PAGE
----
Reviews of 'Disposing of the Body'    

Reviews of 'The Graduate'

Review by June Atkins, BBC Lincolnshire website

 

The reviewer began the article with a detailed synopsis of the plot and concluded with the following......

 

St Nicolas Players slip into this stage adaptation as easily as Mrs Robinson slips out of her underwear! With a minimal set and very much static most of the time the lighting and various accessories work well, the selective sounds of Simon and Garfunkel, light American accents and fast pace strike the necessary balance of a cast with impeccable timing and ability.  

 

Fiona Parish as Mrs Robinson conquered beautifully the allure persona identified with the femme fatale seductress, the unsympathetic mother battling with the ravages of alcohol and a comic touching vulnerability. The requirement of a nude scene dictates the capability of a truly resplendent actress Fiona Parish fits this category with aplomb touched with the sheer panache worthy of supreme status!

 

Paul Hilliar as Benjamin Braddock displayed the unsure sexually unaware young man, with a comic presence of self-consciousness. A role Dustin Hoffman called his own - until now. Paul is heading towards the James Dean boyish ways to the fully aware Jonny Depp - an extremely talented young actor and I have been known to say - watch this space!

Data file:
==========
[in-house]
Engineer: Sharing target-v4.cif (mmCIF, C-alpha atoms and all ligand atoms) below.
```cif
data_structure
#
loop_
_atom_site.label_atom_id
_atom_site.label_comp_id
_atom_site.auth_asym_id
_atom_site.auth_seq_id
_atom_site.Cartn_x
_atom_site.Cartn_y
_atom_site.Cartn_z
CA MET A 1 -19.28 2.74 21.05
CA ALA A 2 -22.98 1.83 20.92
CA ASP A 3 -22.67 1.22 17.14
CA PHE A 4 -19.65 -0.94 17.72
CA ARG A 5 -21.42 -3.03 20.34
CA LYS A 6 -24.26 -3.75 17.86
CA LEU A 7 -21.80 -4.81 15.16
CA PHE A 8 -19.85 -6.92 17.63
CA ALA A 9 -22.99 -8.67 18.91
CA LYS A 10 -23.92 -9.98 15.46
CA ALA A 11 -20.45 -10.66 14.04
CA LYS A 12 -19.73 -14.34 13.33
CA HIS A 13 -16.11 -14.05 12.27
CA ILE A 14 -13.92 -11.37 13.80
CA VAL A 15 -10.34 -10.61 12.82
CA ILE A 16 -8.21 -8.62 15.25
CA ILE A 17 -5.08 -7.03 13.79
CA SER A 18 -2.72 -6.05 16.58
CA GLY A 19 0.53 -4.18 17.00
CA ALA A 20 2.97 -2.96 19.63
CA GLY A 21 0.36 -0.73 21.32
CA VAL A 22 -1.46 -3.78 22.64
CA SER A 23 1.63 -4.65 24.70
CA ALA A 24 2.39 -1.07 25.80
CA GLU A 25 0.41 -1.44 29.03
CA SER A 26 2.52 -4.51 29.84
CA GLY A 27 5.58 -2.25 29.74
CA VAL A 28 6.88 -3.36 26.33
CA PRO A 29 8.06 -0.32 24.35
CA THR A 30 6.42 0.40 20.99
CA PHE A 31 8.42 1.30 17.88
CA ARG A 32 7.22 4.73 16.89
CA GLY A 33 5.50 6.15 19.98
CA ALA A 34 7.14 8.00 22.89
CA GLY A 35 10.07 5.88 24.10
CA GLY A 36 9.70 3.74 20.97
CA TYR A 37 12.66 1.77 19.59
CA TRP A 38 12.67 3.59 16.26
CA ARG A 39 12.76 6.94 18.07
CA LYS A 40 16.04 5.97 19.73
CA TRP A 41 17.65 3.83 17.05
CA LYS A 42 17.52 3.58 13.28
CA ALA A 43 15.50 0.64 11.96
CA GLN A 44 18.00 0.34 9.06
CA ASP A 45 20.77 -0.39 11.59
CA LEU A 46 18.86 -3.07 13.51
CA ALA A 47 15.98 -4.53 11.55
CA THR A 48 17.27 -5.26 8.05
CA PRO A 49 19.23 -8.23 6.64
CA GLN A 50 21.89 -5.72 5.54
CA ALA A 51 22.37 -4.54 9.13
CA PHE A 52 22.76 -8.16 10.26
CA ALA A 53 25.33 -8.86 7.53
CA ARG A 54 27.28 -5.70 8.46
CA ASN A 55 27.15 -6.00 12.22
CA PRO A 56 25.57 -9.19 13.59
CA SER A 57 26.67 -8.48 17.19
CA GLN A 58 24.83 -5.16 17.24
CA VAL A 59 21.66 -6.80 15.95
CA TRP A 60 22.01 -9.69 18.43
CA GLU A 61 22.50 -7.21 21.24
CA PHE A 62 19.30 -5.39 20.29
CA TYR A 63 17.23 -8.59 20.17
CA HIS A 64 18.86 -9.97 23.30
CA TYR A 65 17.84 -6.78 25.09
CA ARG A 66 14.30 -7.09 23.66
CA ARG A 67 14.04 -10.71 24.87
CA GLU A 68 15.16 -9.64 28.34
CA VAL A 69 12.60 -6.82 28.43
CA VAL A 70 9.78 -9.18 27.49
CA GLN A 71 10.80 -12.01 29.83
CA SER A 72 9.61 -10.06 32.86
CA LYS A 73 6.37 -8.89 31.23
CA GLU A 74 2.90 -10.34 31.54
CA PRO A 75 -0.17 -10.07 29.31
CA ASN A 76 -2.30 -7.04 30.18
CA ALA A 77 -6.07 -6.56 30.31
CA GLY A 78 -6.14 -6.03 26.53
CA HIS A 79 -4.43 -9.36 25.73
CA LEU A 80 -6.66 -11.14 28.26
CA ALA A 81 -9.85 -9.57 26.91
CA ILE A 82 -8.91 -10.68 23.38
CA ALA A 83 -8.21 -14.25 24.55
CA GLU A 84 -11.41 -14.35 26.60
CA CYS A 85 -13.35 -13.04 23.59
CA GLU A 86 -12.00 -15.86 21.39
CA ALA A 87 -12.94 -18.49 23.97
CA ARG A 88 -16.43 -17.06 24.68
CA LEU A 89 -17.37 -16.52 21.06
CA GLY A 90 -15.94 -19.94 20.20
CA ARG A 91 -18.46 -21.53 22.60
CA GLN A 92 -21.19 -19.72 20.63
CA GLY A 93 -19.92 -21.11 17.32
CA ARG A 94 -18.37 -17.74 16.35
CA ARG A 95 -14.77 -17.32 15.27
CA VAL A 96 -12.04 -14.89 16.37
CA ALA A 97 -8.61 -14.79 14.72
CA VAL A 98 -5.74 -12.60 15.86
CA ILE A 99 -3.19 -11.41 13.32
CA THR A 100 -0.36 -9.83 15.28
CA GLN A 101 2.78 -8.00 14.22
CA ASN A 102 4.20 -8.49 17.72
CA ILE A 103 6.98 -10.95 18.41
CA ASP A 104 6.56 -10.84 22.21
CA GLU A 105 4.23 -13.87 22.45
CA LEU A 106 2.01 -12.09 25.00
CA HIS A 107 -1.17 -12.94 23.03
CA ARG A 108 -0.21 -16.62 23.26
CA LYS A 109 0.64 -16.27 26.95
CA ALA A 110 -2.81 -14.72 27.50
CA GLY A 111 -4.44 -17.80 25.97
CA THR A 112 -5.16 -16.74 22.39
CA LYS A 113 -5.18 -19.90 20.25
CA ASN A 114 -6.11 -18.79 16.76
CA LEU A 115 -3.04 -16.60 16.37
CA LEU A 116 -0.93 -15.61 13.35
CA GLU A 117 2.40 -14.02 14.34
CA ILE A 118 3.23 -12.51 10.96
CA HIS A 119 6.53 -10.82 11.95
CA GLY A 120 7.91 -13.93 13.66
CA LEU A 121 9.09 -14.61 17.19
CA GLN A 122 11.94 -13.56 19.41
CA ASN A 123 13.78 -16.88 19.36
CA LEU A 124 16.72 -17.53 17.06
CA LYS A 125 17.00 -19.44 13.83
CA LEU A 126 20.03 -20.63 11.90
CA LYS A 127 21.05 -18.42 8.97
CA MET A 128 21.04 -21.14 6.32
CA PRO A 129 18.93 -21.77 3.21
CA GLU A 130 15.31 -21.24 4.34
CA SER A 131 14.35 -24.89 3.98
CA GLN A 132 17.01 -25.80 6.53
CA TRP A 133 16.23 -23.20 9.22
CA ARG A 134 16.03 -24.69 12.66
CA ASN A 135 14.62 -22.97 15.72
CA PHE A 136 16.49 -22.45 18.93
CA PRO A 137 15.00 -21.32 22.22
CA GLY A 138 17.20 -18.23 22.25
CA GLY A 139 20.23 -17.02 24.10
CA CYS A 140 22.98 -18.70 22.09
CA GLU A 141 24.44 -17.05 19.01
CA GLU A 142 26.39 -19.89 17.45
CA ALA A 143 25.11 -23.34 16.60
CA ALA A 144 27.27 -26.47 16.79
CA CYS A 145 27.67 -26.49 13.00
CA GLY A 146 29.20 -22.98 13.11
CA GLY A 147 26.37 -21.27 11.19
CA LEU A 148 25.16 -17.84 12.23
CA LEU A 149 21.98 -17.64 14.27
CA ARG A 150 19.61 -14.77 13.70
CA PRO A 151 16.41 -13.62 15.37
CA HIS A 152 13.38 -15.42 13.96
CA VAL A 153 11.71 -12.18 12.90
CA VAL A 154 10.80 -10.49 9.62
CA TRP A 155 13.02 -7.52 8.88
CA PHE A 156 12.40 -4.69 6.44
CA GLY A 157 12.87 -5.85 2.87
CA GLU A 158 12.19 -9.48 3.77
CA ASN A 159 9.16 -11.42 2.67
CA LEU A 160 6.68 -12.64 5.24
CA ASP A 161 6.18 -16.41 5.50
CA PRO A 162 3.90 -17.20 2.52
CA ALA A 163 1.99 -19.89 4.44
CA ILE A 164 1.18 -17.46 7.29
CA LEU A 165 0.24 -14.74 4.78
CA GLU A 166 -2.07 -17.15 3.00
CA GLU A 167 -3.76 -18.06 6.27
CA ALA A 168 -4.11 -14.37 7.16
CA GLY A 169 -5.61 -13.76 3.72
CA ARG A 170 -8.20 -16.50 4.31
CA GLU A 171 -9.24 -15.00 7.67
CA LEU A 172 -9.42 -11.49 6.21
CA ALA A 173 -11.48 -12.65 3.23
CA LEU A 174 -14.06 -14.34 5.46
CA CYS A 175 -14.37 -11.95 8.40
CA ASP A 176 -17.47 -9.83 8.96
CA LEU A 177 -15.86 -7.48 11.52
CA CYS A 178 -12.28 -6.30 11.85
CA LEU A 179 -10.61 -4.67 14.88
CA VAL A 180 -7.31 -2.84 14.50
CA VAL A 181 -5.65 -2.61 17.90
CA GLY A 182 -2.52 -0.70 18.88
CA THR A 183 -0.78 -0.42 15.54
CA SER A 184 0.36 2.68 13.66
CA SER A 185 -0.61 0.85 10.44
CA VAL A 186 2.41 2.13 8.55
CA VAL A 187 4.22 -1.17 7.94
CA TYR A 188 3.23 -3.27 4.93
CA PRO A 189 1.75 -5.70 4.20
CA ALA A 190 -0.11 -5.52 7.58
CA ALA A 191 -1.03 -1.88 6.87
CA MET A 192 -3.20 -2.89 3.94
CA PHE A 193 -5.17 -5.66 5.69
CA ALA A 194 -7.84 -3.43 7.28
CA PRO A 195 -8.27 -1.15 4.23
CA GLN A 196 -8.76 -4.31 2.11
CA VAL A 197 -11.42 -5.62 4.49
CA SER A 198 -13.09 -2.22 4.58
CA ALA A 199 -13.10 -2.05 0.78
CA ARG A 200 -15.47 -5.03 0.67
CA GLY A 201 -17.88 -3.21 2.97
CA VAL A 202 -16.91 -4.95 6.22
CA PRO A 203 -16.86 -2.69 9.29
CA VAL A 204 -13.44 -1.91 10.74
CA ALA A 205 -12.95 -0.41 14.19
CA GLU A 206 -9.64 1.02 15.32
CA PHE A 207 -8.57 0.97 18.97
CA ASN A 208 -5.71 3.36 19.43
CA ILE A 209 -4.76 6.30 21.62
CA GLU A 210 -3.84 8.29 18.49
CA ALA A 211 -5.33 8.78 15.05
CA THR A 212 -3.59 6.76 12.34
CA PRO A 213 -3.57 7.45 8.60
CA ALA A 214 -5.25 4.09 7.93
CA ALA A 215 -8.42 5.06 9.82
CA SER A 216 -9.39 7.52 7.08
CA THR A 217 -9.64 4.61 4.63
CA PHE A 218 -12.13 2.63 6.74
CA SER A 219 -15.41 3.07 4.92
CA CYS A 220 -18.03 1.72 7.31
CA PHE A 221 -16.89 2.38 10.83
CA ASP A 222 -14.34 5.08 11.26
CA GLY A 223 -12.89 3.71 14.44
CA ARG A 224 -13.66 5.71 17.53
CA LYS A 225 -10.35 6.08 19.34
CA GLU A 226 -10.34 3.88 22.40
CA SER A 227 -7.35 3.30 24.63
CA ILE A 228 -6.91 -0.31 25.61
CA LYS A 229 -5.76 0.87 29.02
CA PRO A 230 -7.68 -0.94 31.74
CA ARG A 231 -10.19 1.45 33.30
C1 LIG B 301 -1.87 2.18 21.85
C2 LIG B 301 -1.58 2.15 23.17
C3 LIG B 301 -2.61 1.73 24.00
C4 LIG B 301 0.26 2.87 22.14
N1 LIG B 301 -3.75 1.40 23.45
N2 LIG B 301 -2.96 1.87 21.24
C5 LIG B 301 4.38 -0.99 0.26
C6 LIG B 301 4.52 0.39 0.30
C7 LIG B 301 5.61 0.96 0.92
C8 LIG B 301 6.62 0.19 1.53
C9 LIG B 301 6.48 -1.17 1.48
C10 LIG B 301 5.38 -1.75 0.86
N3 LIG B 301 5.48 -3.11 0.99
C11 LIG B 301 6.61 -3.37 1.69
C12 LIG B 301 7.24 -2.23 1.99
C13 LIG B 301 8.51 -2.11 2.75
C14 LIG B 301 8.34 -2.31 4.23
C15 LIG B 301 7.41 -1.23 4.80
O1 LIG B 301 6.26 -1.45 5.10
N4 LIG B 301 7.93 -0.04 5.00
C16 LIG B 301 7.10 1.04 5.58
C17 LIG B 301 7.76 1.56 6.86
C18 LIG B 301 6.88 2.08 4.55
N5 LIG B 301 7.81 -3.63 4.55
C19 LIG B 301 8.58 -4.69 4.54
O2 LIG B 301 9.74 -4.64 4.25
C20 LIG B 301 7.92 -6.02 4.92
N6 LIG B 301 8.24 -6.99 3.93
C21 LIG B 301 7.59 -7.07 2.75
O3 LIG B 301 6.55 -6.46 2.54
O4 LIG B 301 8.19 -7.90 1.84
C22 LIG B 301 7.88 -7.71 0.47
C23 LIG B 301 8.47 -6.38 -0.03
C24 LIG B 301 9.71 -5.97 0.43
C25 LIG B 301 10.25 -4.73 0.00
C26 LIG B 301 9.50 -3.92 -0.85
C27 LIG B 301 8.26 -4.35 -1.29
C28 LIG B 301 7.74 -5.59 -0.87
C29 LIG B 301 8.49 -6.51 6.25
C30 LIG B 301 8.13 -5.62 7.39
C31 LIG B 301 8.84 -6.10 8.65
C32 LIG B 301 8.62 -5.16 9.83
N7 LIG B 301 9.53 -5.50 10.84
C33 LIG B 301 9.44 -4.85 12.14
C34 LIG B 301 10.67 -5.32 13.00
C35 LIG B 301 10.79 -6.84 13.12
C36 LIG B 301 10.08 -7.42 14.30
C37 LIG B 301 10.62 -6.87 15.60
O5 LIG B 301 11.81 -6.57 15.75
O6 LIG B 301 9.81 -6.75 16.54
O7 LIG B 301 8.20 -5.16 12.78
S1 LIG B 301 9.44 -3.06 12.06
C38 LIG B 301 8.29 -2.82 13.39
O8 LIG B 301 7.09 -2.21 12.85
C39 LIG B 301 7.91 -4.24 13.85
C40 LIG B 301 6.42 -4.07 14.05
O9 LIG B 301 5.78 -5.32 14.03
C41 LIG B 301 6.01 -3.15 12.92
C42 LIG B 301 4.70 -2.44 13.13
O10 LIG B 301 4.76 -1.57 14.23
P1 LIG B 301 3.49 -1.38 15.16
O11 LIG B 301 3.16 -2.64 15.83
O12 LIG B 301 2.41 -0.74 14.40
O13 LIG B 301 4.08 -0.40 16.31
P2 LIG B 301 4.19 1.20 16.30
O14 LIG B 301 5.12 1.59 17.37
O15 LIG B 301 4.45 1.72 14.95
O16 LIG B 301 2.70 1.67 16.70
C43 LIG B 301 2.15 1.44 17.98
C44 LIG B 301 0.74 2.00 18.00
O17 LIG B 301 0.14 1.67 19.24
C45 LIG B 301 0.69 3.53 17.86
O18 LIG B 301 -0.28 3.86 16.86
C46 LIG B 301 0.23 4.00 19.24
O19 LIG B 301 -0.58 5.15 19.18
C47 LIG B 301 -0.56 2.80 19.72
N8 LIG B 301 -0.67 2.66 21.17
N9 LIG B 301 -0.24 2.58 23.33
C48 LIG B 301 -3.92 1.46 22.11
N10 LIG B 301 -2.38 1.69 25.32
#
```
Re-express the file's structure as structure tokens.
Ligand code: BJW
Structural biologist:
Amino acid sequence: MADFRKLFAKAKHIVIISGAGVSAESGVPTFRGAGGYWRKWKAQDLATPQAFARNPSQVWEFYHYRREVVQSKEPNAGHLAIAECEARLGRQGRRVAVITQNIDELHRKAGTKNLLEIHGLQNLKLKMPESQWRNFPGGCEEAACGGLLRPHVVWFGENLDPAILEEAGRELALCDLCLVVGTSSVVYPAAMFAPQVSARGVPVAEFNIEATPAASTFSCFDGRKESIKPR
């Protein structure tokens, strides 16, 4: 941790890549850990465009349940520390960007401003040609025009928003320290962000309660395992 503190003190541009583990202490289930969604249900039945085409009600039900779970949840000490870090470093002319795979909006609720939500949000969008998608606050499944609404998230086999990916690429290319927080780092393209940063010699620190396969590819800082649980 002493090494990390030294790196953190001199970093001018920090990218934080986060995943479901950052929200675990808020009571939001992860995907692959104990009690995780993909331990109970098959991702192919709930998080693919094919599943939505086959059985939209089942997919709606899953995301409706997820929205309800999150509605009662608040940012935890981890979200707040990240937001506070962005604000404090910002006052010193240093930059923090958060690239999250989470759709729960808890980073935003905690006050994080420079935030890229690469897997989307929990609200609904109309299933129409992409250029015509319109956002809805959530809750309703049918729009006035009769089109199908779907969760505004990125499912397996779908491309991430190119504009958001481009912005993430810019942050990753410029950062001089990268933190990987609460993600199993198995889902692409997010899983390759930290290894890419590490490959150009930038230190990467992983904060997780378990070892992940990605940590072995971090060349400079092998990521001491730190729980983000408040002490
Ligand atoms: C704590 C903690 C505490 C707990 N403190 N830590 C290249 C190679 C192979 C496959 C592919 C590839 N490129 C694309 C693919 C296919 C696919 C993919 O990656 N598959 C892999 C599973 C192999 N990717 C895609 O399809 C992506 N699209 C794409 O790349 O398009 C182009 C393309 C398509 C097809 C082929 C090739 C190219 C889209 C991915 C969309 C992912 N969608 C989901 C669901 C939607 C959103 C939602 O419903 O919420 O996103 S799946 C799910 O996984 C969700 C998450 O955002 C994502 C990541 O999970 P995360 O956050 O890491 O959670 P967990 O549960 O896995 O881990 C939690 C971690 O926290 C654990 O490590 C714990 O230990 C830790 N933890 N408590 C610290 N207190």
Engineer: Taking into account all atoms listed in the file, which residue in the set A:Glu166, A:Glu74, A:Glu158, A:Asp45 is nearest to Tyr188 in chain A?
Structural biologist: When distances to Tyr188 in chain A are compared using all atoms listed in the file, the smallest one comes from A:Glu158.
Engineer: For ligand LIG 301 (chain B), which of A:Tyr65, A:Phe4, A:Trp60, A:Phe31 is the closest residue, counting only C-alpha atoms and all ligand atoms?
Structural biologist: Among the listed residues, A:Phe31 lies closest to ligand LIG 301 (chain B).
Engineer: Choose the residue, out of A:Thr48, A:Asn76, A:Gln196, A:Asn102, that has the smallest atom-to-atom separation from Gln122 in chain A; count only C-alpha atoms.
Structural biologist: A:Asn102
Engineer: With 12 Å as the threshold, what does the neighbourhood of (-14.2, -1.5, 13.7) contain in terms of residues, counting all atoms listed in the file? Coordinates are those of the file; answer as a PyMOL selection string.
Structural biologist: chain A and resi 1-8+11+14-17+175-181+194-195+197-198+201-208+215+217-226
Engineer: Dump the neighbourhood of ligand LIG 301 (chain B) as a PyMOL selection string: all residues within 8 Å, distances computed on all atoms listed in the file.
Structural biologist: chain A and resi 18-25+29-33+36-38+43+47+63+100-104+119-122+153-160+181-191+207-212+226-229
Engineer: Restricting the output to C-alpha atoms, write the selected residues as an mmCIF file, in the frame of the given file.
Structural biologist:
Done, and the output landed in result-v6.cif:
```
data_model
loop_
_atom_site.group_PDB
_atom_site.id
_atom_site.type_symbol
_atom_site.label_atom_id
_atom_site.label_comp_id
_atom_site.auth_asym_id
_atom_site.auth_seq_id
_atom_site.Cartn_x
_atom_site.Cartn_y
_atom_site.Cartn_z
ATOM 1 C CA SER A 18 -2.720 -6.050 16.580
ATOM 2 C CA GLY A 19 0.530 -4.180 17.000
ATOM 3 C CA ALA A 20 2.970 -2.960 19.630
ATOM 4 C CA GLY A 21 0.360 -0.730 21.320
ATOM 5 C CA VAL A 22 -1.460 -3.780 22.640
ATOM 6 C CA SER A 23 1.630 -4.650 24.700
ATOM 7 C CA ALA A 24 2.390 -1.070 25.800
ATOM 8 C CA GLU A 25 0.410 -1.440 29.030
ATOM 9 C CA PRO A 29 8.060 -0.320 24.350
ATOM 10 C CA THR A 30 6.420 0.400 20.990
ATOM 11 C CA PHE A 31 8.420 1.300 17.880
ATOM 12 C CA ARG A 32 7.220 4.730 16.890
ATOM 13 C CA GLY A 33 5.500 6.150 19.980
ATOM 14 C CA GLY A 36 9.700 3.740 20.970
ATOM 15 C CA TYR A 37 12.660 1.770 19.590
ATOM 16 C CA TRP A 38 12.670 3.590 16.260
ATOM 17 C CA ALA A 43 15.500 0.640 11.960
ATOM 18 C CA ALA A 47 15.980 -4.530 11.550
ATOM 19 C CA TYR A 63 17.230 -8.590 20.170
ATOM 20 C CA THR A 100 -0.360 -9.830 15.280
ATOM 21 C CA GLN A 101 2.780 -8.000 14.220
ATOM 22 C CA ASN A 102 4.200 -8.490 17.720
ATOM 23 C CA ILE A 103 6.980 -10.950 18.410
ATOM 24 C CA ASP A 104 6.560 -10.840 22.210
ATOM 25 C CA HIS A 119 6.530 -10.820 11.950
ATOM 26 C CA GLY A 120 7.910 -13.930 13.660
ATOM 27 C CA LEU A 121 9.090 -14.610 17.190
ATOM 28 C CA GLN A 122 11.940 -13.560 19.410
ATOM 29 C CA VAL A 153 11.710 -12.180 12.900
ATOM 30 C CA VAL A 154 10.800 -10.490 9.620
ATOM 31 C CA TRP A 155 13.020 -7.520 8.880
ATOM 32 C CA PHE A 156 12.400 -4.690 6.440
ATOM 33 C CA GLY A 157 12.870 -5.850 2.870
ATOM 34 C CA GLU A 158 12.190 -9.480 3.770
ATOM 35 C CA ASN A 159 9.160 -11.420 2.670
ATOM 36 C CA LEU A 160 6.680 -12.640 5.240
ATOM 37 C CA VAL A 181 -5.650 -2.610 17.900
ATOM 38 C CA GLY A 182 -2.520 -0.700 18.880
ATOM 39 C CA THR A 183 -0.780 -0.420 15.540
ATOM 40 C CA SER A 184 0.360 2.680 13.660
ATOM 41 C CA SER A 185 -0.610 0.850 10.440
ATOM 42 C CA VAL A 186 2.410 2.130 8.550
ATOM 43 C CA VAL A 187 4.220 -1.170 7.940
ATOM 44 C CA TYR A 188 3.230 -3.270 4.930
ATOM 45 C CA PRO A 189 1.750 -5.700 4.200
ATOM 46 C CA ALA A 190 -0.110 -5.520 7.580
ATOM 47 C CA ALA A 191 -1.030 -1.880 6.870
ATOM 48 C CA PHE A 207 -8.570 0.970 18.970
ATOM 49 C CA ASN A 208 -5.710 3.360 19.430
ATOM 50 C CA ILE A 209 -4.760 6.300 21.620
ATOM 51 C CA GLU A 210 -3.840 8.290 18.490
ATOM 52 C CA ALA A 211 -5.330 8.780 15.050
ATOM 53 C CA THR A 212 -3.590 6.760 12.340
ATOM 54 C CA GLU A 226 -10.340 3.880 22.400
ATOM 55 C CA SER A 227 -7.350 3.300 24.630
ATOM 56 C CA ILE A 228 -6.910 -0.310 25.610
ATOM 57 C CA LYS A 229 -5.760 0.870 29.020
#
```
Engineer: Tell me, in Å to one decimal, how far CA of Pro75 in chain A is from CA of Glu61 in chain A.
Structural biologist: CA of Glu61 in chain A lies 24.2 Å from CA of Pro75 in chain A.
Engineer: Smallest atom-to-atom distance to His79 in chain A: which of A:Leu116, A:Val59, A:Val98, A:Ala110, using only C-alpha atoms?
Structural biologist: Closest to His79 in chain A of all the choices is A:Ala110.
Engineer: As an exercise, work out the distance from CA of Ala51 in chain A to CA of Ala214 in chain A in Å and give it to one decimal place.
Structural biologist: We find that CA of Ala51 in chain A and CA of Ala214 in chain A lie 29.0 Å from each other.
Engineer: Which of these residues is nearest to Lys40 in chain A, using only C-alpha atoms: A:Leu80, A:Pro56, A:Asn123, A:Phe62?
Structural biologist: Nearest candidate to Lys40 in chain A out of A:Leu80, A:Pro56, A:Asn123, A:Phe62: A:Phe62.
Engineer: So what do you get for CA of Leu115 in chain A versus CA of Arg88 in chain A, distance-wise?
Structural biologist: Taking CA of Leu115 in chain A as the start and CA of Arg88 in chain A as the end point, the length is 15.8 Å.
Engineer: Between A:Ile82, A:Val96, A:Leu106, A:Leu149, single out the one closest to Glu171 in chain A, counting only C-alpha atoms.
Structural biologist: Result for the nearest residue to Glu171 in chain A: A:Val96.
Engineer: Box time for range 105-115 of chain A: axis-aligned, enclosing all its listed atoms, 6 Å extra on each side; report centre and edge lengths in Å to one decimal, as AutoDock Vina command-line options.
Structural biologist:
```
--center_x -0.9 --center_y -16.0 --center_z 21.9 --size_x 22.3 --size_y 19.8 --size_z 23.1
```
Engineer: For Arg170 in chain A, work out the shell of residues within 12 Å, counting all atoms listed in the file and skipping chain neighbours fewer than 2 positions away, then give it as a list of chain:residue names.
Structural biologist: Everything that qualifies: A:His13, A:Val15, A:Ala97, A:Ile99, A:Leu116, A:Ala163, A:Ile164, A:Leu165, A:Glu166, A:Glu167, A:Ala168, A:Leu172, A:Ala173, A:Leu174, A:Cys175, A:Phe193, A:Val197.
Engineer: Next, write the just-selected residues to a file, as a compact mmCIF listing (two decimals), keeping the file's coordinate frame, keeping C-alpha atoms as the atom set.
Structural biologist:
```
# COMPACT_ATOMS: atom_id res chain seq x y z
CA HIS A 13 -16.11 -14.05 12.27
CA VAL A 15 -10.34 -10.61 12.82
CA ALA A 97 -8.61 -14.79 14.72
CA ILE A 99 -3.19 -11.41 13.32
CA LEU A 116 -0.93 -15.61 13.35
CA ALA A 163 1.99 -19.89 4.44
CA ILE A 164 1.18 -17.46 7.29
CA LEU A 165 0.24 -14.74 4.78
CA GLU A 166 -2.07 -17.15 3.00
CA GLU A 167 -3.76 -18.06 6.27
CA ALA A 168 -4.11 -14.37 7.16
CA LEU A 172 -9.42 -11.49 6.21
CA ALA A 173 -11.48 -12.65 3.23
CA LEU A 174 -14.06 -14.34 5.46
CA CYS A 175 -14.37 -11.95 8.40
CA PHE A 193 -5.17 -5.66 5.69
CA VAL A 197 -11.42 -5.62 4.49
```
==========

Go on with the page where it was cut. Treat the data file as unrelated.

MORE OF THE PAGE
Elaine Robinson (Victoria Bunting) lived up to her innocent role, her timing was superb in fact she certainly had an air of Katharine Ross who played the original movie actress and Natalie Wood whom ironically turned the role down. The on stage scream ensured we all knew she also had a healthy pair of lungs (thanks for that Victoria!).

 

And last but not least our stripper Danielle Parkin got a few tickers working overtime, the word contortionist springs to mind, what that girl could do with a chair! I could do that - with the help of a chiropractor.

 

Stage adaptations of iconic movies can often be extremely difficult, St Nicolas Players however achieved the ultimate - a runaway success and sublime production.

 

Review by Elizabet Wood, Spalding Target

 

 

“And here’s to you, Mrs. Robinson…”

              …and indeed the entire cast and crew of this adventurous and ambitious production.

 

The St. Nicolas Players ensured they achieved a First Class Honours Degree Performance during their final show to celebrate their tenth anniversary. Leaving the stage after a second curtain call and the audience still applauding!

 

Director Philip Bosworth and Producer Marilyn Morris certainly know how to challenge their actors, in time honoured tradition; ten years ago they were the production team responsible for the society’s first production, Steel Magnolias, and anyone following the past productions of the society will know that they seem to thrive on dramas that really challenge both the actors and stage crew!